When we got to Hopkington, it really only rained lightly off and on. It looked like the land of the plastic bag people. Parts of Hopkington were just mud fields. It was warmer than the day before and less rainy. Deciding what to wear for the run, Bill and I both opted for the “less is better” approach and ended up with shorts, sleeveless tops and a jacket.
As we headed to the start corrals, it seemed to get warmer. All the hoopla about the weather and it was a perfectly glorious day for a marathon. 90 percent of the runners were overdressed. The mass of people created warmth and not long after the start, both Bill and I took our jackets off. We were both sleeveless in a sea of people dressed like they were headed to Antarctica. I also knew it gets colder closer to Boston. After about 7 miles, the jackets came back on. The temperature was perfect with very little rain; however the blustery wind was a bit chilly at times. The clothing choice was perfect.
The highlight of the race was watching Bill’s enthusiasm in running his first Boston Marathon. He went on to run his race. Me, I was just there as a participating spectator. I did a lot stopping and stretching an injured hamstring taking in all the sights and sounds. The crowds were thinner than normal. But I appreciated each and every person. They are my Boston marathon family. I count on them every year - the screaming, cheering girls at Wesley, the small home-made aid stations through the Newton Hills, the kids at Boston College. I noticed a couple getting married at the top of Heartbreak Hill. Even Dad was at the usual spot. I stopped and hugged and kissed him as I do every year. When I turned onto Boylston Street for the finish line, it was a familiar scene to me – just as grand and glorious as ever.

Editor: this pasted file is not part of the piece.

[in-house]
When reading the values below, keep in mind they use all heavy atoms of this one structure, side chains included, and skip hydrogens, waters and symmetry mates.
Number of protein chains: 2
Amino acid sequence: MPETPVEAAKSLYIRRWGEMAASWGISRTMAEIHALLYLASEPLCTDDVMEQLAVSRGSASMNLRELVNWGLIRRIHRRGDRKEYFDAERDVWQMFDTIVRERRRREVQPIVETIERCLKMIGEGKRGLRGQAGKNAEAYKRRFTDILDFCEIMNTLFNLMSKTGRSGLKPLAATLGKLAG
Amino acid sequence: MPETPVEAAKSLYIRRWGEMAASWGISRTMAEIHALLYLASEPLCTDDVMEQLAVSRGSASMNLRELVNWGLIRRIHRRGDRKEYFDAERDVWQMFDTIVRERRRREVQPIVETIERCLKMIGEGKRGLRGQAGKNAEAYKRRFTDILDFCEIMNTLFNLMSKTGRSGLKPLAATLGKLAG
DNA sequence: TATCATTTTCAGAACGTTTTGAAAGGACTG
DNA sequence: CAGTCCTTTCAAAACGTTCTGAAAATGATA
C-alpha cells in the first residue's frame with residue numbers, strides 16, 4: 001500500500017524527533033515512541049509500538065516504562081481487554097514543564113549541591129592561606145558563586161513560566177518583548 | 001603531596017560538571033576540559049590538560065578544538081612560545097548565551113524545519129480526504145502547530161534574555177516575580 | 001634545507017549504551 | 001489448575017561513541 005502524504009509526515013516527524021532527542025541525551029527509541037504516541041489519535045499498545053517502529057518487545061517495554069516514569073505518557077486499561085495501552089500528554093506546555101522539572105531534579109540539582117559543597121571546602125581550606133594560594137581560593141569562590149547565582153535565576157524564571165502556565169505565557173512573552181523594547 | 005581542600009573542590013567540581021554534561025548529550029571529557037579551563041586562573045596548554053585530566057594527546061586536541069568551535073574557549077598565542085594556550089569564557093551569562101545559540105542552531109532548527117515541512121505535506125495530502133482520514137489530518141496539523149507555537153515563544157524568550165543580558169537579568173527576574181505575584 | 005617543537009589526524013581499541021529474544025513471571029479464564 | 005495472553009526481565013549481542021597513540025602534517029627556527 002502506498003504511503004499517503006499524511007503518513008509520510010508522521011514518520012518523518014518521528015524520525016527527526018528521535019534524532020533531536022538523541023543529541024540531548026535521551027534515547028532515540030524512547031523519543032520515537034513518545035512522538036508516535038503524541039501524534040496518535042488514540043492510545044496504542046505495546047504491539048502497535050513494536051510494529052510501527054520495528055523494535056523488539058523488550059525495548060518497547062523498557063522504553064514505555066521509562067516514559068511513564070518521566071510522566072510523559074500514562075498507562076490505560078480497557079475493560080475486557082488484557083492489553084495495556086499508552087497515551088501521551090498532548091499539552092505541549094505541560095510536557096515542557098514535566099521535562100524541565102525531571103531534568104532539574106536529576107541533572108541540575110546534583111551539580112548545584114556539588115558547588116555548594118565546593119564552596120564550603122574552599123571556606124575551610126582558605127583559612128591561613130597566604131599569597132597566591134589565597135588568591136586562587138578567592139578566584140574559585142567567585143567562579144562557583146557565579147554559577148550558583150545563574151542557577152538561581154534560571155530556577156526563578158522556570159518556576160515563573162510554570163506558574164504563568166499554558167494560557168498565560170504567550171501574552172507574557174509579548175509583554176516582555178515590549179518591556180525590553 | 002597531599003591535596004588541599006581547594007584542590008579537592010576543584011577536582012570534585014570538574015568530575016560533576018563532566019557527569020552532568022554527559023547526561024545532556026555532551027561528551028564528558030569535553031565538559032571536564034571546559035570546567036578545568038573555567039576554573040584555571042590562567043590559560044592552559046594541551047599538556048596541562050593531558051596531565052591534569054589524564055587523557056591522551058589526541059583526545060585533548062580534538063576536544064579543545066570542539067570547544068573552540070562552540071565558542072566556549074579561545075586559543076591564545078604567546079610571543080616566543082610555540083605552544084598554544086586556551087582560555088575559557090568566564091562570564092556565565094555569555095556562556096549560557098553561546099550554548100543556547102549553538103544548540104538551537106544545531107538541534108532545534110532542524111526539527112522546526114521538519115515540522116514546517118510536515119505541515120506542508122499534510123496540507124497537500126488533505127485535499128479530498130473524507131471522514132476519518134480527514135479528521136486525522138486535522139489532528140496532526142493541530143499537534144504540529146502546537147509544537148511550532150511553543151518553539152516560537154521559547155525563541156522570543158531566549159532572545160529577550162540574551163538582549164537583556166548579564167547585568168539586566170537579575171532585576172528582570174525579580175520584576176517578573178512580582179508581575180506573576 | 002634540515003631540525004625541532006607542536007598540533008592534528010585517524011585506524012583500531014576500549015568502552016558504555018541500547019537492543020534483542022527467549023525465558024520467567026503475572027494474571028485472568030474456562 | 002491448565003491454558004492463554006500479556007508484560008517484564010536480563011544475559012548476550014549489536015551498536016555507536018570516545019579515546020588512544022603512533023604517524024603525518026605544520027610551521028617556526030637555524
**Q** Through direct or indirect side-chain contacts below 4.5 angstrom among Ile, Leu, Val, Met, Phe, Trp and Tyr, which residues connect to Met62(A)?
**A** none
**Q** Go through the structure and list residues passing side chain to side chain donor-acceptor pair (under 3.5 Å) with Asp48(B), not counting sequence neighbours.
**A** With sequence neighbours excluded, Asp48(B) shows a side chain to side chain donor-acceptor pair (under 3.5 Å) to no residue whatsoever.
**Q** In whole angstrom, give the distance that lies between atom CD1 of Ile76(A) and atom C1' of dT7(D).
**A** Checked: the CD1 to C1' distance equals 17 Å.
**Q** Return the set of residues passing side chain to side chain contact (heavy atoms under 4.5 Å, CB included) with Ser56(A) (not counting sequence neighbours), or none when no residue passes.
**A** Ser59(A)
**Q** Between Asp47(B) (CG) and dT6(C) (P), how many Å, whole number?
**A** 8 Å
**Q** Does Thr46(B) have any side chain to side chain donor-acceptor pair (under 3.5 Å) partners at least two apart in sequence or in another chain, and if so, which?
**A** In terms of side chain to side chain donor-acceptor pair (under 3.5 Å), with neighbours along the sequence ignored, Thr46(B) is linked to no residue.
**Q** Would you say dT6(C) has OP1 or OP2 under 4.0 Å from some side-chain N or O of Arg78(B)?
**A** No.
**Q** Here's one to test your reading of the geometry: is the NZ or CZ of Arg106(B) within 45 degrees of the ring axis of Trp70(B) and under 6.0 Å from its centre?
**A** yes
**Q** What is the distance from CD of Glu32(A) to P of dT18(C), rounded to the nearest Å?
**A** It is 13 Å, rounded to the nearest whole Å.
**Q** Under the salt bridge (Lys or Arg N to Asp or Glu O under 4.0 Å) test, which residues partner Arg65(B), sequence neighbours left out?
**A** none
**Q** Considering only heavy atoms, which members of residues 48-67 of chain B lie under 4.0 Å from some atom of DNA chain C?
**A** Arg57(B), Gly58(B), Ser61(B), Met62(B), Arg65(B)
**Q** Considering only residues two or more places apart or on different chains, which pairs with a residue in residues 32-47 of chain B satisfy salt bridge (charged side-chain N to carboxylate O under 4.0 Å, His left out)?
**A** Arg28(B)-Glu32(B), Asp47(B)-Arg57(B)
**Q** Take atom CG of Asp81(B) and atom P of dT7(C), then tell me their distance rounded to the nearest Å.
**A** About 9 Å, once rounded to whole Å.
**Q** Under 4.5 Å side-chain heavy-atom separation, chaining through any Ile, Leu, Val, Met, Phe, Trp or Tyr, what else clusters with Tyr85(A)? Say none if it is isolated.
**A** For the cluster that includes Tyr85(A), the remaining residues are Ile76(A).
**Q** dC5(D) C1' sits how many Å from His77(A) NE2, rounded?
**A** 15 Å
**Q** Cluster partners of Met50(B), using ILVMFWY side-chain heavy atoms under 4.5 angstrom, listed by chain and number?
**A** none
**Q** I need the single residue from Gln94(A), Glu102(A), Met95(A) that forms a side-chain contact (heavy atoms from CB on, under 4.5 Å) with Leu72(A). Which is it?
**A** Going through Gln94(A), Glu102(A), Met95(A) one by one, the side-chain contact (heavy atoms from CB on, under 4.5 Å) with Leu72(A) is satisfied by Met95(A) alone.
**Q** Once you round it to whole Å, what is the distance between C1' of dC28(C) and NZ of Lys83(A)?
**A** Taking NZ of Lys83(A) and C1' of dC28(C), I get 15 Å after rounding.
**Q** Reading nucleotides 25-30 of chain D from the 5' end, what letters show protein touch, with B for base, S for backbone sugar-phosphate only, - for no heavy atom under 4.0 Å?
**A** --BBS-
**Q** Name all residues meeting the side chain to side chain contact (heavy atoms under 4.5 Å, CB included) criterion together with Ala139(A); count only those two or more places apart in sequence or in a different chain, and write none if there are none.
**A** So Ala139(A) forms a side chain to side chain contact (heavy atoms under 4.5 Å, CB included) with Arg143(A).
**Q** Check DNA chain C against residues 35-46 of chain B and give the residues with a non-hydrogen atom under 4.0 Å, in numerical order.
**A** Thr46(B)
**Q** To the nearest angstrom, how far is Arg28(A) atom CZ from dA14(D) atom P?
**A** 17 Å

Afterward, we all reconnected – Dad, Bill E. and myself and shared our stories. Bill ran superbly. Boston will certainly be a positive memory for him. I have participated in the process with many first time Boston marathoners, and like family memories, these are wonderful memories for me as well. My Dad and I had a celebratory dinner and like every year, he headed back home to Agawam that night.
This year added a new element in that I spent the next day with my stepson Zach. It was a bit colder with more rain than race day. We toured Fanueil Hall, did some shopping, had lunch at “Dick’s Last Resort”. When it was time to go home, Zach took me to the airport.

As it turned out, the weather was not a factor for the marathon – the runners were lucky. The days before and after weren’t so good. However, the airport showed signs of weather-related chaos. My flight was delayed for 2 hours. But like my marathon finish….I got there. When I pulled into my long dark driveway at 11:30pm Tuesday night I was feeling like it had been a good trip. I went to run, not race and even though I fell far below some previous Boston marathon finish times, I was content. I saw my Dad and built some more memories. I saw another first-time Boston marathon runner complete his Boston experience. I got to spend a day with my college-age stepson and share some laughs. I felt truly blessed. When I opened the door of my home, my 5 four-legged friends were all there to greet me – tongues licking, 20 paws a-prancing, tails wagging, bouncing and wiggling. They didn’t care how I had run – good or bad. Their unconditional love emanated from their eyes as they looked into mine. At that moment, I realized I was home and my loving family was there to greet me.